“There Was Never Really a Job Available”

Too often recruiting is more about optics than efficiency. Companies will often initiate a perfunctory recruiting process knowing the entire time that an internal candidate will be tapped to fill the role. That means you likely haven’t been vetted very closely and the offer to keep the resume on file is simply a polite sentiment. The good news, however, is that while you didn’t dazzle, you didn’t make a bad impression either. You should feel welcome to apply for future opportunities and can use your previous experience to demonstrate a longstanding interest in the company.

“Please Do Not Contact Us Again”

After an interview, it’s appropriate to follow up once but not more than that. There are a number of professionals, unfortunately, who haven’t learned this lesson and incessantly reach out to hiring managers post-interview. They will often get the resume on file line simply as a way to sever the string of contact. If you proved yourself to be a bit too eager (be honest with yourself), you should give up on this opportunity and look elsewhere. Use the experience as a learning opportunity and find a better way to demonstrate your enthusiasm.

No matter which of these responses applies to you, one thing is clear – you’re going to need to continue your job search. Don’t be deflated, just do things better. Access resources from The Concorde Group to help you find superior job opportunities in Westchester NY and get your foot in the door faster.

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How to Make Better Job Postings

February 11th, 2015

If you have a vacancy and you’re just not finding the right candidates to fill it, the problem could be the way your job posting is written. Use these tips to help improve your current posting and all the ones you write in the future.

Use Relevant Keywords

You might use phrases like “IT Brainiac,” or “Sales Ninja” to add some character to your posting and help you stand out, but ultimately this kind of esoteric phrasing just makes it harder for job seekers to find you. Using relevant keywords ensures you will narrow your candidate field to the actual qualified applicants you are looking for.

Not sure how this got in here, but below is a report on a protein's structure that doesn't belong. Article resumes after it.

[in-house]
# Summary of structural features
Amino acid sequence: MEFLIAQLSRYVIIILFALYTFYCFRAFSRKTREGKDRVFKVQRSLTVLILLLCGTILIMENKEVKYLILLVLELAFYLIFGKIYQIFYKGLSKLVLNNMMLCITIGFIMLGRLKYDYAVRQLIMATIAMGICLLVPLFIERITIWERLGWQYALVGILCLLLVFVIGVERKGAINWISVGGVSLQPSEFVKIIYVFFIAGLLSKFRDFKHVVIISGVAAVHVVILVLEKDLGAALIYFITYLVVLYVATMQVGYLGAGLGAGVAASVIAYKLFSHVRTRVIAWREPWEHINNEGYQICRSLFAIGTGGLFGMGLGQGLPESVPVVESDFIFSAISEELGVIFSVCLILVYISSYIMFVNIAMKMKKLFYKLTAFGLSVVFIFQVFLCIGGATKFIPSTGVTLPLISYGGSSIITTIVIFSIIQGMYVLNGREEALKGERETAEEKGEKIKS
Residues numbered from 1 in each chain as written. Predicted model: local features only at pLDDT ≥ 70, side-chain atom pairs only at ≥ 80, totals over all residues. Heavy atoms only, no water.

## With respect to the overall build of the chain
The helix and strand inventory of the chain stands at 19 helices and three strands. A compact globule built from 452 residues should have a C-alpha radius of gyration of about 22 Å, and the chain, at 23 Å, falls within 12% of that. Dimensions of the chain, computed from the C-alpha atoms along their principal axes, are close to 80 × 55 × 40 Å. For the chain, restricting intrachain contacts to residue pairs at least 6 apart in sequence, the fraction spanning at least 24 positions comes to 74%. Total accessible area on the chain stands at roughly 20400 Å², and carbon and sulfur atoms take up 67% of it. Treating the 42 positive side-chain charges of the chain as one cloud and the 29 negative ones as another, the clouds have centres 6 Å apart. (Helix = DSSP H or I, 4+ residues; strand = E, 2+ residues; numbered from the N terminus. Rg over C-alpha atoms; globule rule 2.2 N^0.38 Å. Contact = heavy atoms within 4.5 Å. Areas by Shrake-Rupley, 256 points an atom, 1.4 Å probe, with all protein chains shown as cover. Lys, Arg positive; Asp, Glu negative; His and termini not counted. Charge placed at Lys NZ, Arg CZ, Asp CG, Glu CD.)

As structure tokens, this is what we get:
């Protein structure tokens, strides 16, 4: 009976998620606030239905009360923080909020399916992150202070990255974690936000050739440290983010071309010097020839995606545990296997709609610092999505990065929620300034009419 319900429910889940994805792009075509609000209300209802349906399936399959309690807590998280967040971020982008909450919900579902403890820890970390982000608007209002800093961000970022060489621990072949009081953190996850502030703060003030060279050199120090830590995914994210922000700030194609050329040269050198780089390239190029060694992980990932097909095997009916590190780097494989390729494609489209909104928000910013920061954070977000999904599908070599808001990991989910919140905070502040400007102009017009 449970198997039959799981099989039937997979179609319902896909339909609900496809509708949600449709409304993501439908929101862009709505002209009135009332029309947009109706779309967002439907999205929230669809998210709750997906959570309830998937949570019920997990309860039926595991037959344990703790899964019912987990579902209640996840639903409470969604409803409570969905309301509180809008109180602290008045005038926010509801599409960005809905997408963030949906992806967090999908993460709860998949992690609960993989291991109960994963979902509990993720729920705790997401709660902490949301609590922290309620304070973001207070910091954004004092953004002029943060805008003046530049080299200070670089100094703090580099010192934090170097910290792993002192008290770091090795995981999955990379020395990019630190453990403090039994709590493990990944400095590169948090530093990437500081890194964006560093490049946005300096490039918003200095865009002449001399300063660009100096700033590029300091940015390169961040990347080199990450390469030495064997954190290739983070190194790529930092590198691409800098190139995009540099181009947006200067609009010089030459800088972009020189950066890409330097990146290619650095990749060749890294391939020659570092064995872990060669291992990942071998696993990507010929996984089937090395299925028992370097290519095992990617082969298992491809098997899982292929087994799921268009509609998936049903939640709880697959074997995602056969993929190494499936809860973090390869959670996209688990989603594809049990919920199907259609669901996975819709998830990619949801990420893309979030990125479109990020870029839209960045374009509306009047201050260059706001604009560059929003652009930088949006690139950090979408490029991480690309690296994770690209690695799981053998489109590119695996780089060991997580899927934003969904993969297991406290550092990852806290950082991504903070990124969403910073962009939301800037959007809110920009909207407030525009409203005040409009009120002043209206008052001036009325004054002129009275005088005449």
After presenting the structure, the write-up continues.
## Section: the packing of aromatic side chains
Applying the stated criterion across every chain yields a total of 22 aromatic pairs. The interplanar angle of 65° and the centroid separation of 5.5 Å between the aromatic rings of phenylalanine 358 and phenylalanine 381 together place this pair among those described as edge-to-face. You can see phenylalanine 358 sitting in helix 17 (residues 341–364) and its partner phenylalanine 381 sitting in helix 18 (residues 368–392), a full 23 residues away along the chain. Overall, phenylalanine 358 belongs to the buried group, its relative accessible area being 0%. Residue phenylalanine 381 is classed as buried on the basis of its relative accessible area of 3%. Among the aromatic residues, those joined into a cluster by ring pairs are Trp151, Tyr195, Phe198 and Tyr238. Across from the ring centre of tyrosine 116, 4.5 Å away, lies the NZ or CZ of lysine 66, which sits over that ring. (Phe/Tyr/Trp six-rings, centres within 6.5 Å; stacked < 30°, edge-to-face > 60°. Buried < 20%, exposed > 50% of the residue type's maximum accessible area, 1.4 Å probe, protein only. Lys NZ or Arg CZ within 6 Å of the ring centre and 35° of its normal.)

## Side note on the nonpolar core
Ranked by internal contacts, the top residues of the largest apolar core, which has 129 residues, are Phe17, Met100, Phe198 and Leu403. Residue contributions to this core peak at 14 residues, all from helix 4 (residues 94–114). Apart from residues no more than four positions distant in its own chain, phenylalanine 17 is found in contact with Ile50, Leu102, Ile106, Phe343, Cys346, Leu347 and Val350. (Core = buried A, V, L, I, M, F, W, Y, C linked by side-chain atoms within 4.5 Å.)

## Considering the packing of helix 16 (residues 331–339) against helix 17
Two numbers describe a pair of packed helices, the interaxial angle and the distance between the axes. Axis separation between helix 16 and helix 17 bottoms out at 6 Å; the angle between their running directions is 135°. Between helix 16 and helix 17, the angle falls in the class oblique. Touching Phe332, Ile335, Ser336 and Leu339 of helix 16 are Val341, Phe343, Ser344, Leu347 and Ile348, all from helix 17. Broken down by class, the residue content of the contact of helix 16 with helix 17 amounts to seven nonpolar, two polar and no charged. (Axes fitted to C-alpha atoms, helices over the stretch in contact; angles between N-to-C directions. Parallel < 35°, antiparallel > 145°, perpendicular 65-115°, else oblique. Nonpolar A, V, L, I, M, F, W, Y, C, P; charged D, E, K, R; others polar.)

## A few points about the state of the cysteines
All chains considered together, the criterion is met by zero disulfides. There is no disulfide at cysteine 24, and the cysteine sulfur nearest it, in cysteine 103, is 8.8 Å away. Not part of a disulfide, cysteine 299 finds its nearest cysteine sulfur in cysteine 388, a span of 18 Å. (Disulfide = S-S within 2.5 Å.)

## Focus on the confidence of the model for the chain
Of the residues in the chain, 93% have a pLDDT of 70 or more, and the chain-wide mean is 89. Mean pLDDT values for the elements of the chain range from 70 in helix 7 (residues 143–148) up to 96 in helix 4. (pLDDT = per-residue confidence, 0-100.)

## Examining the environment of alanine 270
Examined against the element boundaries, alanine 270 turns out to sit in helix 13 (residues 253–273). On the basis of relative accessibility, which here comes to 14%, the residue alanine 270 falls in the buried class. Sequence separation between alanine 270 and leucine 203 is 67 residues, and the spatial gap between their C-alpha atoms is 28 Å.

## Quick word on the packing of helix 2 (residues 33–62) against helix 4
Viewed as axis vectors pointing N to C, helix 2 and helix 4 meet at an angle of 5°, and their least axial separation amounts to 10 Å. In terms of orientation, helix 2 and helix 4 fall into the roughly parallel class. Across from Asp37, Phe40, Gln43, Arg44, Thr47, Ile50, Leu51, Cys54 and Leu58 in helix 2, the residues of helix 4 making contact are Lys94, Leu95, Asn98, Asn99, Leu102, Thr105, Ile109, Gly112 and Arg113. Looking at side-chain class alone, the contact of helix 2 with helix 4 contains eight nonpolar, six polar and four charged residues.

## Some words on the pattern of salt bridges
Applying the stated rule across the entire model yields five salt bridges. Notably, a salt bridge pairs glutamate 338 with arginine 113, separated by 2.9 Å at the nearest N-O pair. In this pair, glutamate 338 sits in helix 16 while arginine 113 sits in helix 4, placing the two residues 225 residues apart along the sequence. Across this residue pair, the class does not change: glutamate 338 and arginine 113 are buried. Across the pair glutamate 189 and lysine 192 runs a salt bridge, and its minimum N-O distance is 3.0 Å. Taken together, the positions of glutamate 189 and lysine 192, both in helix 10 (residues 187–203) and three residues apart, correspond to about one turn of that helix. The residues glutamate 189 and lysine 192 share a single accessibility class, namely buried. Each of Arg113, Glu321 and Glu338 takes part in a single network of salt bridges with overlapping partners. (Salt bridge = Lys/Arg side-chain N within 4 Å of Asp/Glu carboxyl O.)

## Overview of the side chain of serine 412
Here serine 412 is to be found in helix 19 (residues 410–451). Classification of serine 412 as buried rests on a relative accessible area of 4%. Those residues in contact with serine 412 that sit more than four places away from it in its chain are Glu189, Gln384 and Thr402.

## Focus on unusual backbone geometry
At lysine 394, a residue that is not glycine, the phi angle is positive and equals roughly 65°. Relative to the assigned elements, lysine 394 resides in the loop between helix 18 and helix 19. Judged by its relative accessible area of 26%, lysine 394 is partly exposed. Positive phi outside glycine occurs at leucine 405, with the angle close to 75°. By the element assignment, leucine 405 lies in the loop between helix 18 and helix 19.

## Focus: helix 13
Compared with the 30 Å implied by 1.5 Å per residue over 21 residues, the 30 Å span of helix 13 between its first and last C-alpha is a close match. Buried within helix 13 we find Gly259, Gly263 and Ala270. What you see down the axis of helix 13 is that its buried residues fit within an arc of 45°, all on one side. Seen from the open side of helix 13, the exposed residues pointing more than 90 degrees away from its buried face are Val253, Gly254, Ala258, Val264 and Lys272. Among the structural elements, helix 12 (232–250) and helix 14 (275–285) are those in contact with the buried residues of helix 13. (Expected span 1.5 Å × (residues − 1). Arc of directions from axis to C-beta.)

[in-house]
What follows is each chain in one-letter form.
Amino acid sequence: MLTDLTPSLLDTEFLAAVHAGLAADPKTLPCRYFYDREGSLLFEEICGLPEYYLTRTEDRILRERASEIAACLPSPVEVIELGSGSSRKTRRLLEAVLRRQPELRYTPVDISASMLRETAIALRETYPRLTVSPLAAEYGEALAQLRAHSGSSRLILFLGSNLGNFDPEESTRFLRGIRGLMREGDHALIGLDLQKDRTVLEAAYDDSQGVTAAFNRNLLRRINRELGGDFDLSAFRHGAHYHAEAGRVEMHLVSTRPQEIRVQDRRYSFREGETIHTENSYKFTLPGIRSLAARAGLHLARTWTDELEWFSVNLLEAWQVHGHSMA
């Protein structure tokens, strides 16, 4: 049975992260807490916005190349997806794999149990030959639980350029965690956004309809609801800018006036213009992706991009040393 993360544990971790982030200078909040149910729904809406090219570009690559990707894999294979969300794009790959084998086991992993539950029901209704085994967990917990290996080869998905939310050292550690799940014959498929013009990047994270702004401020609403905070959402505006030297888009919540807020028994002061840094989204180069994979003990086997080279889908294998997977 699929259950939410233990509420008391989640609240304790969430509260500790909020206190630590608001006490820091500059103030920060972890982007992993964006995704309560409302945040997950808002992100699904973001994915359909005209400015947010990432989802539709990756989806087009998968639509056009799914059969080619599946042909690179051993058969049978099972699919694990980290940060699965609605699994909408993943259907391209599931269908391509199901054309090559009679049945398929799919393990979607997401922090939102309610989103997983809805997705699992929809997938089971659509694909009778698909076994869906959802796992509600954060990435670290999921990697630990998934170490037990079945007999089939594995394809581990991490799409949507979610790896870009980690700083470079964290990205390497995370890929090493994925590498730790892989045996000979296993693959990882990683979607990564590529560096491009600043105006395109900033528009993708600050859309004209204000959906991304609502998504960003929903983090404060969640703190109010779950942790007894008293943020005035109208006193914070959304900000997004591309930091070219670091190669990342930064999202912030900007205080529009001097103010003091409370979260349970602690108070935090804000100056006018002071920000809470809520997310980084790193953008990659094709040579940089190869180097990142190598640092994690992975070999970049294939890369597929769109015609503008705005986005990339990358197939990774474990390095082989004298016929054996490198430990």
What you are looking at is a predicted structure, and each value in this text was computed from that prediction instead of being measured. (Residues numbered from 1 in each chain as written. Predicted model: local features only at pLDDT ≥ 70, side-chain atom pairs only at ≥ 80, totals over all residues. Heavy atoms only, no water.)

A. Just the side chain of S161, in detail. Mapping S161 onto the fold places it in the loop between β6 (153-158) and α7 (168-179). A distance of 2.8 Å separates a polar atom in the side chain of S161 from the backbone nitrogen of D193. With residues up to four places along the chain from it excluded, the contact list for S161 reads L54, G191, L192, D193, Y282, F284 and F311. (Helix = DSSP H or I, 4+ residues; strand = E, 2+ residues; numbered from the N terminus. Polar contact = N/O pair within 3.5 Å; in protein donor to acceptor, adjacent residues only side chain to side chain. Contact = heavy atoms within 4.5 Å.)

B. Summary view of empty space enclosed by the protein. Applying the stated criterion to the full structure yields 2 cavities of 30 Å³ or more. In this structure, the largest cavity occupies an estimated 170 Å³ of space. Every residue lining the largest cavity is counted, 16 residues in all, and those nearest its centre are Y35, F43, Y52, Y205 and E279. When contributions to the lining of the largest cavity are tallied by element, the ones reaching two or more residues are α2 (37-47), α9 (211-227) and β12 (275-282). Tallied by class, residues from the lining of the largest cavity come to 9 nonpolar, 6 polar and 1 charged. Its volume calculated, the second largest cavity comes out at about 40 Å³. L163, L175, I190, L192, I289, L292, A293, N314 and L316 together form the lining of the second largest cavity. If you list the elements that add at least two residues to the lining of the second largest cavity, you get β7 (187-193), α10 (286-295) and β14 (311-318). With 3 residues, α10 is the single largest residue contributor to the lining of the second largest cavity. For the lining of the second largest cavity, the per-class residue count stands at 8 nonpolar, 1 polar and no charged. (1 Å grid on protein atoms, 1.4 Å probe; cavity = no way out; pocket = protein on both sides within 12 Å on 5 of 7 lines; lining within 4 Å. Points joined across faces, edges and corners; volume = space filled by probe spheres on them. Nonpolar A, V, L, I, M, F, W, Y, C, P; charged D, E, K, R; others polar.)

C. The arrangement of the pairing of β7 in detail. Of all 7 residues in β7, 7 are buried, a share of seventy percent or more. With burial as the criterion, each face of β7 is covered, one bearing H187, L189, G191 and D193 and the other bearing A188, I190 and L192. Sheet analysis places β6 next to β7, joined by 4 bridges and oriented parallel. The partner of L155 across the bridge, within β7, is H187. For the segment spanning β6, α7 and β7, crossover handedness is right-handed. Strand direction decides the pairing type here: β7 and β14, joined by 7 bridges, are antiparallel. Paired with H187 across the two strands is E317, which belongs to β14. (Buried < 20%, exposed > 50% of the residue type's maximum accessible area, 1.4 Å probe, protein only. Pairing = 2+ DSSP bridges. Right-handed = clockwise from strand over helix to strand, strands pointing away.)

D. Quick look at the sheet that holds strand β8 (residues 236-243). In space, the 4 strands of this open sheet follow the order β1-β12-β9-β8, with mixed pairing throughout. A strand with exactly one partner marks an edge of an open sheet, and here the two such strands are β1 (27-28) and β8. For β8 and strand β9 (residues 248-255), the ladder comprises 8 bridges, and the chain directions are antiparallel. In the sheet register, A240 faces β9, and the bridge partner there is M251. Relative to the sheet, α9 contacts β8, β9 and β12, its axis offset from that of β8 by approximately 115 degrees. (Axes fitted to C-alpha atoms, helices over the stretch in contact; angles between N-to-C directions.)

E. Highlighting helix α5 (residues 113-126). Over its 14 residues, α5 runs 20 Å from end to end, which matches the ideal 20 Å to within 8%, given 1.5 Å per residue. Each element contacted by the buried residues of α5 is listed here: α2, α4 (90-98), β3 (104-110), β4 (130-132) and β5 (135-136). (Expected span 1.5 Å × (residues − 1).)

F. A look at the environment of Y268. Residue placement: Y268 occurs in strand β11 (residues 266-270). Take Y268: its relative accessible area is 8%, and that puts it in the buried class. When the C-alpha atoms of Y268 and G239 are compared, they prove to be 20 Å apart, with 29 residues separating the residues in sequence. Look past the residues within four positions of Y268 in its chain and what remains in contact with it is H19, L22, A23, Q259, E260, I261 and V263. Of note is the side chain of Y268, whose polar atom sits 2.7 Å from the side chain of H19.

Create Attractive Postings

A job posting is similar to a resume. Both need to be attractive, attention grabbing, and easy to read/digest. Make sure you are using bullet points, add your company logo to the top, and consider making a brief recruiting video to connect a human face with your company.

Make Your Expectations Clear

If a job comes with special requirements – lots of travel, working unusual hours, the need to relocate regularly – make sure those points are made clear in your job posting. It helps no one if you try to obscure the true nature of the job you’re offering.

Be Brief

The average job posting is filled with extraneous information. There is no reason to mention that candidates “must be punctual and professionally dressed,” or to recount the entire history of your company. Cut out all but the most important information.

Start Strong

The most important and relevant information should appear at the top of the job posting. If you need to explain or elaborate, you can do that further down.

Mention Compensation

Every job seeker will be wondering about it. If you are prepared to offer generous or at least competitive compensation, say that explicitly. If your budget is tighter, emphasize other types of compensation or perks like vacation time, flexible scheduling, or tuition reimbursement.

Sell Your Company

This is especially important if you want to attract top talent. Try to answer these two questions – “Why would someone love having this job?” and “What do your employees love about working for your company?”

Position Yourself Honestly

If you are a small startup, it’s dishonest to describe yourself as the rival to Google. If you are honest about who you are as a company and where you are headed, you’ll attract candidates who are eager to work in the environment you provide.

Writing a better job posting is only part of the process. You also need to get that posting in front of more promising candidates. Get the help you need to connect with a vast pool of talent by partnering with The Concorde Group, a full-service staffing firm.